I have sensory neuropathy in my left foot and both of my hands. I believe it is due to poor circulation. I have pain but I am experiencing no other abnormalities in terms of loss of sensation, weakness, lack of muscle strength or changes in proprioception. I see the usual causes of this problem as being diabetes, AIDS, alcoholism, and the effects of medication. But I think that I have mine because of poor circulation in my hands and feet.
When sensory neuropathy is due to poor circulation what is usually the progression that is seen in patients? Also, is there any way that the underlying cause can be treated? Any information you can give me would be appreciated. Thank you
A sensory neuropathy with a distribution of hands and feet is classic for diabetes. Even if the diabetes is well controlled, this is often seen. Just from your posting, I would say that this is likely the etiology. Furthermore, the medications for AIDS can induce a peripheral neuropathy that can have sensory components. Alcoholism can also induce a periperal neuropathy that can be very painful. I would think that poor circulation would be last on the list of possibilities. Most likely the poor circulation is due to the above also.
The circulation induce neuropathy would have to be extremely severe in nature. You would likely to first have to loose the hair in the extremities and see an almost necrotic lesions at the finger and toes. Frost bite would a close example.
Thank you for responding to my question. I just want to make sure that I understand your response. If a person has a lower extremity circulation problem with an ABI of about .80 and absent pulses, but no visible lesions, no ulcers, no hair loss in the area, and waves that show blood is going to all the toes, if I understand correctly, this would never be a severe enough condition to create a neuropathy in that extremity? Is that correct? I am sorry to bother you but I just want to make sure I understand since I thought that even a mild circulation problem could cause a neuropathy.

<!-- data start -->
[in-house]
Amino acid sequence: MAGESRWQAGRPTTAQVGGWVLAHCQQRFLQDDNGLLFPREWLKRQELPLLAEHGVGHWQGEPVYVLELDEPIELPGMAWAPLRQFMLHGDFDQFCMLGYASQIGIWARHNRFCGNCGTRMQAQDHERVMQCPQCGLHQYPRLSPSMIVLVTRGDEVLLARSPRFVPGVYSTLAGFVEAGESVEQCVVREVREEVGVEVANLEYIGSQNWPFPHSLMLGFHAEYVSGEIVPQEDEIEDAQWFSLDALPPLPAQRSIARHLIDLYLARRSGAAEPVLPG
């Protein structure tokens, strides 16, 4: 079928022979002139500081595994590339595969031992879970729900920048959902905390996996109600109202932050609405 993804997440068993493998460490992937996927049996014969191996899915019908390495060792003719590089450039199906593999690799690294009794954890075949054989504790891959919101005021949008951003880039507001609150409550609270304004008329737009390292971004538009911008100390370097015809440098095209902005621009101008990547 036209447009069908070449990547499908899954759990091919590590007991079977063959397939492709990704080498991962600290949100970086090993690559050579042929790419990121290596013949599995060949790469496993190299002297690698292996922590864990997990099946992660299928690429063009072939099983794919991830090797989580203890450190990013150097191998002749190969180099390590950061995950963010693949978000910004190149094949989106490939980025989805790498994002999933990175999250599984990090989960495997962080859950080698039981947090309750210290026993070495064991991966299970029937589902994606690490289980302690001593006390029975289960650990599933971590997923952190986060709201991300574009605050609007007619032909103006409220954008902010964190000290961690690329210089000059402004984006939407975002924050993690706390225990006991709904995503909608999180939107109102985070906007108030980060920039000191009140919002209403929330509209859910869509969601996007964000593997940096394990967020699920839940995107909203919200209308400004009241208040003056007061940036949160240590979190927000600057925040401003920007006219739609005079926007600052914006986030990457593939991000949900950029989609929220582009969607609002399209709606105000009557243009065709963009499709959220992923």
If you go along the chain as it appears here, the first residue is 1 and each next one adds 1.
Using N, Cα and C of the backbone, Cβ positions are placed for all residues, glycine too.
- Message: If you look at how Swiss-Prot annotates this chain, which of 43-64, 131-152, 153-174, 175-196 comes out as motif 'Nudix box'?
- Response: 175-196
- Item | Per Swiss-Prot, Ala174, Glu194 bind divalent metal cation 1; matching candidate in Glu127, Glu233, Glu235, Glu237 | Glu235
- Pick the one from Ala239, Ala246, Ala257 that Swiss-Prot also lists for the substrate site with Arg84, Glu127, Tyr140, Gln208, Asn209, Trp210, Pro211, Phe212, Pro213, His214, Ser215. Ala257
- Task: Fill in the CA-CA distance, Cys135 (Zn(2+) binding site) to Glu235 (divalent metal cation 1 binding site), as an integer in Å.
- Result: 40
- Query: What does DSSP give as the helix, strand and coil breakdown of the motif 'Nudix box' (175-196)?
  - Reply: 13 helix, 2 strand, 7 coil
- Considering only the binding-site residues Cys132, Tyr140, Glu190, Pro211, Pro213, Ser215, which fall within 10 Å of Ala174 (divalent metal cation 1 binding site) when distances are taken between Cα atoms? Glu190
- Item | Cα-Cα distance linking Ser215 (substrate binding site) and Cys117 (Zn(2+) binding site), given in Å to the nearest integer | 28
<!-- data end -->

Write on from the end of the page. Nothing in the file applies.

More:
You are really putting the doctor on the spot here asking such a direct question without a physical exam. If you had given him the information regarding the absent pulses etc. he may have been able to give you a more detailed information to start with.
You mentioned medication causes. Since you speak on this forum of that and viral etiologies what are your thoughts on a drug/viral interaction bringing on sensory neuropathy that is then worsened by the use of steriods.. Do such viral/drug syndromes burn out eventually or can they last indefinitely?
I remember the Dr saying in one of my questions regarding post viral, and I think he said it is usually self limiting. Not sure about the drug induced ones though, I guess as long as no permanent damage has been done as soon as the drug is stopped?
I was speaking to antigen/antibody drug/viral interactions which can be worsened by steriods that depress the immune system.
These do not show up in antibody testing unless you do the tests early on into the problem. The sensory neuropathy and other symptoms progress but by the time you have the testing this would not show up. Even though you stop the medications it has already triggered something. The question was do these type of syndromes burn out or do they go forever like some autoimmune diseases? I imagine some do some don't just wondered what the general consensus was by the Neuro on this type of syndrome.
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